The majority of amateur golfers that I evaluate for the first time, have below-average shoulder-hip dissociation. This can often lead to poor, compensatory movement patterns. Separation between our hips and shoulders is essential for efficient human locomotion and activities like throwing, kicking or striking/swinging.
Specifically, shoulder-hip dissociation allows for the core to work authentically and reflexively without a single conscious thought like “tighten your abs”. Shoulder-hip dissociation also helps create enormous amounts of rotary speed and can allow for balance and stability to miraculously appear without a single minute spent standing, kneeling or sitting on a exercise ball. In a nutshell, poor separation often equals poor performance and injury.
Spend a minute and just evaluate anything that you think is important to your health, livelihood or your golf game. Try to touch your toes, hit a few putts or even just walk heel-to-toe on a narrow curb like a little kid. Then, spend all of 5 minutes following the video below before re-testing what ever you did.
What did you notice? Did your toe touch actually involve your hands reaching down past your knees? Were all of your putts significantly closer to the hole? Did you feel like Baryshnikov walking on that curb? It’s not uncommon that after I spend just a few minutes restoring shoulder-hip separation, then back-loading it with a few simple, yet challenging movements… posture, balance and stability will often just reappear. Lack of shoulder-hip separation is like wearing ear plugs during a conversation. Those ear plugs will probably make communication challenging and frustrating, especially if the conversation is rich with important details. If you’re lacking this separation, your core won’t hear much of what the environment is trying to say and compensations will ensue. These compensations can make the most simple daily tasks become painful or lead to the frustrations you experience during your golf lessons.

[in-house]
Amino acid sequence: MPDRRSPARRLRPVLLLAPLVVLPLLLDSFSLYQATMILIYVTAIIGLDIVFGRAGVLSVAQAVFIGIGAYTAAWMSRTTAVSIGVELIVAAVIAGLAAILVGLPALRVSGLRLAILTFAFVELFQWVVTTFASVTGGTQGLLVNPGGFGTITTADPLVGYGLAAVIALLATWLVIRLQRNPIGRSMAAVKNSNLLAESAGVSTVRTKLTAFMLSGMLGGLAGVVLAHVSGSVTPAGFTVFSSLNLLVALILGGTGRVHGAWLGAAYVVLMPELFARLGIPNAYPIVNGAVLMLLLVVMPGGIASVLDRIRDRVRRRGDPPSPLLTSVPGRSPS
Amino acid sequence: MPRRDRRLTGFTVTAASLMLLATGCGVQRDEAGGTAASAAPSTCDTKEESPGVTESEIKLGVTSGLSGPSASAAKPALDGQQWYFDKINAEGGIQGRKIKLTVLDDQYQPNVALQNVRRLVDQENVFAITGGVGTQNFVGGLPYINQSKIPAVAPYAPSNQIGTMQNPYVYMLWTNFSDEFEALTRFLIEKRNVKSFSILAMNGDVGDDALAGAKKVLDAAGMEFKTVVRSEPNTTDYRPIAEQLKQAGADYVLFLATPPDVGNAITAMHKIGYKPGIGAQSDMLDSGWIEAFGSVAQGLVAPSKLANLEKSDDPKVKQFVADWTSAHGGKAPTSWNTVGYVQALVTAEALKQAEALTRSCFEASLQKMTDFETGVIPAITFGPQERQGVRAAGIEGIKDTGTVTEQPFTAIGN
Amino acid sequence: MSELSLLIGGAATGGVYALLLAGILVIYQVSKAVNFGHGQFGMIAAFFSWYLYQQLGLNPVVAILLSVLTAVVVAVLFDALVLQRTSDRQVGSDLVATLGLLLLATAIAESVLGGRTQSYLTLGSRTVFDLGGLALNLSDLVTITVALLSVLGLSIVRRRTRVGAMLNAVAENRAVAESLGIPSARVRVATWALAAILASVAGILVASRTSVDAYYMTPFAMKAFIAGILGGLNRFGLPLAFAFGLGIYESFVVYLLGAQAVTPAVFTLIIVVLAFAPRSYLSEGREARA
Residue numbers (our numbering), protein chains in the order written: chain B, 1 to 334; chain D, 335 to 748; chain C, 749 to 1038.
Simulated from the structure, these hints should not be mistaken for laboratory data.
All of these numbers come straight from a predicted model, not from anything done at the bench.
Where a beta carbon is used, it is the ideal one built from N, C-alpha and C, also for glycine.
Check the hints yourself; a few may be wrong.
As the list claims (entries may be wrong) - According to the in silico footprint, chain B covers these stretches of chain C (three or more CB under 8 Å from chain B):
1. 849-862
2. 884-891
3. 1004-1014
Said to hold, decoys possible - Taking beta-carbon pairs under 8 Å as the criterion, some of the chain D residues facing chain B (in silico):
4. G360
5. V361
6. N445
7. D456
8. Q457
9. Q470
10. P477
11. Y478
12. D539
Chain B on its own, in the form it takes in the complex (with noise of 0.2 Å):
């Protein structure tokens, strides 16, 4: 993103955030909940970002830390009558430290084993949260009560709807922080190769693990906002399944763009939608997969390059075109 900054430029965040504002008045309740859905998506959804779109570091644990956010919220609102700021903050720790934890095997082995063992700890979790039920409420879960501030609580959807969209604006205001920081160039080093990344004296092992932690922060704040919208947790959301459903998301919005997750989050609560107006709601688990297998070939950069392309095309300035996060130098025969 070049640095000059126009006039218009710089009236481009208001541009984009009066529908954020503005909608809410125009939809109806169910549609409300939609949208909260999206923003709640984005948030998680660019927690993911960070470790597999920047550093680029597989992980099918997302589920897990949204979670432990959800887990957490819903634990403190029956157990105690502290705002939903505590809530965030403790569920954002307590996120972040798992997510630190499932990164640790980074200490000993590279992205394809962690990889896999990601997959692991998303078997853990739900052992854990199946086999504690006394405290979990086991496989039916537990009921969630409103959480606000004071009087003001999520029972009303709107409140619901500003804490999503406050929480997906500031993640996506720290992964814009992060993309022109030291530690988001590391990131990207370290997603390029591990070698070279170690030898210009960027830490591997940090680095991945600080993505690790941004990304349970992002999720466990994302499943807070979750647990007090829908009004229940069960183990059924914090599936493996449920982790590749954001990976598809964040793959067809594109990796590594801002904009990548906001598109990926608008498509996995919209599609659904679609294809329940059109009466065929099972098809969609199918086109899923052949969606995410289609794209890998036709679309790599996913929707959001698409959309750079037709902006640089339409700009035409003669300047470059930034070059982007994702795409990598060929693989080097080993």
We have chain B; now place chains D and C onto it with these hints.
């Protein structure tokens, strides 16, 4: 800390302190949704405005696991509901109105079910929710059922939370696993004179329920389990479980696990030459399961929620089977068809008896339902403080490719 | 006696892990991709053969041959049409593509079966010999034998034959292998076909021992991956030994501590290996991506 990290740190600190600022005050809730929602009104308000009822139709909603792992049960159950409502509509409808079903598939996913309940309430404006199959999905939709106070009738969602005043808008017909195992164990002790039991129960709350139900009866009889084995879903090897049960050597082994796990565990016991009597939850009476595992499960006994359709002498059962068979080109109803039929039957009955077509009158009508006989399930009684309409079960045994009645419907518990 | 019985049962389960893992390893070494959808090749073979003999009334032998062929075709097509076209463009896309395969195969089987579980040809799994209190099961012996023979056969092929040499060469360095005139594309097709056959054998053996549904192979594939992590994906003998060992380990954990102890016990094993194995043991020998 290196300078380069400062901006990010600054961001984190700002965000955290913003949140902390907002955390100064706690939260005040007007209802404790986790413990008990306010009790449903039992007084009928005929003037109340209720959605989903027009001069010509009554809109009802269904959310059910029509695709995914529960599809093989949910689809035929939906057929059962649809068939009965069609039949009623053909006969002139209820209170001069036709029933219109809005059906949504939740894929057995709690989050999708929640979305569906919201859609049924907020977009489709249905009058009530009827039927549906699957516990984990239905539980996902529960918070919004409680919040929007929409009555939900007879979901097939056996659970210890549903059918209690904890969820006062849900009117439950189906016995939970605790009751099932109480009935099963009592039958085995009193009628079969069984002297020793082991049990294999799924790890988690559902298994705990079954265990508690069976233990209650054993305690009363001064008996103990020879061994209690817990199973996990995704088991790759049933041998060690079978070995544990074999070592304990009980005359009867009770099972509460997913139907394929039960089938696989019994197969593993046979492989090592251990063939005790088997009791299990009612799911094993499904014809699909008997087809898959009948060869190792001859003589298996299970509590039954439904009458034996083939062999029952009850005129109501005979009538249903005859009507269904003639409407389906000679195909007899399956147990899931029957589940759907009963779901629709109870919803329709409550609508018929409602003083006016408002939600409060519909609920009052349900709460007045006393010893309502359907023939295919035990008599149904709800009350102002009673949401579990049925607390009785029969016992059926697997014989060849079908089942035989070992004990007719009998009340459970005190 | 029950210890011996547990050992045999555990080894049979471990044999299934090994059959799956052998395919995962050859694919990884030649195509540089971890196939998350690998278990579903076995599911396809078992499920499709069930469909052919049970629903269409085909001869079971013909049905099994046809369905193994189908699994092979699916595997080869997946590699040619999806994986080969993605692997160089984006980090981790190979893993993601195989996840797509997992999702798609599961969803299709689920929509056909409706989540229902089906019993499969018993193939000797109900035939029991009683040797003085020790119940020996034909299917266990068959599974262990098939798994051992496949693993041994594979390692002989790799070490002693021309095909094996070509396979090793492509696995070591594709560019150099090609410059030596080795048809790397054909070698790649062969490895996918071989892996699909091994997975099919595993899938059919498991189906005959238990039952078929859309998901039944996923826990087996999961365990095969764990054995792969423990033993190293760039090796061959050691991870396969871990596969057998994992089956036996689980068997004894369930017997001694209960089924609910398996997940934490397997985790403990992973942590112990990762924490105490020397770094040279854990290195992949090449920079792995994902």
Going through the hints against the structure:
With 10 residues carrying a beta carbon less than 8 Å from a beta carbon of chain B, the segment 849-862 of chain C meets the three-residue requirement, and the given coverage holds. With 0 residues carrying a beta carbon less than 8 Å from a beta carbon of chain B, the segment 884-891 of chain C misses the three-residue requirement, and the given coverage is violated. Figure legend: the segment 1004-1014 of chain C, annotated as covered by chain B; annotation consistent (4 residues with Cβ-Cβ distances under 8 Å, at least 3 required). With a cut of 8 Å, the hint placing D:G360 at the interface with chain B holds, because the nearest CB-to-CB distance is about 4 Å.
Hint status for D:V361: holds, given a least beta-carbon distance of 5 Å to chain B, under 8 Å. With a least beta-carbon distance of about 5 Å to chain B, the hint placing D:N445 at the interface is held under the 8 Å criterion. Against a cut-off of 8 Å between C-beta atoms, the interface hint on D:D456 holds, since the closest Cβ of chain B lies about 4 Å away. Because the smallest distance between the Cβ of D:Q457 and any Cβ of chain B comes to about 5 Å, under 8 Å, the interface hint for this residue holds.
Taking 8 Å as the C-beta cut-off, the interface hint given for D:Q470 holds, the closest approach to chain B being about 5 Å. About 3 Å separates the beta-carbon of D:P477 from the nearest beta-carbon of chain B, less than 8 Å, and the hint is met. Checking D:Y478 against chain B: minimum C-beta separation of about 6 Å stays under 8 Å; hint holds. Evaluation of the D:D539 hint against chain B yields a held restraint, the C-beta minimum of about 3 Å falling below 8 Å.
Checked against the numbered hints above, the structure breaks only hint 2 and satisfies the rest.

So before you assume your off-season is going to be your best one yet, create a game changing plan to help your realize your goals and avoid frustration:
- Find a club fitter that you trust and has been around the block a few times.
- Find a coach. By coach I mean a true coach, just like any other team sport. Find a coach that will help you practice where you compete.
- Get a movement evaluation! Find a skilled movement specialist who will not just identify that you are lacking shoulder-hip dissociation, but why this compensation has become a significant part of your daily movement strategy.
- Lastly, don’t assume the exercise program that is changing your waistline is actually changing your core. If the aforementioned movement specialist is also a fitness/performance guru, discuss a comprehensive program to help you reach your goals. If he’s not the man for this job, ask him to get you to someone who is.
With a bit of planning ahead and surrounding yourself with a team that communicates, you will ensure that your activity this off-season isn’t being mistaken for productivity.
Author: Graham Polakoff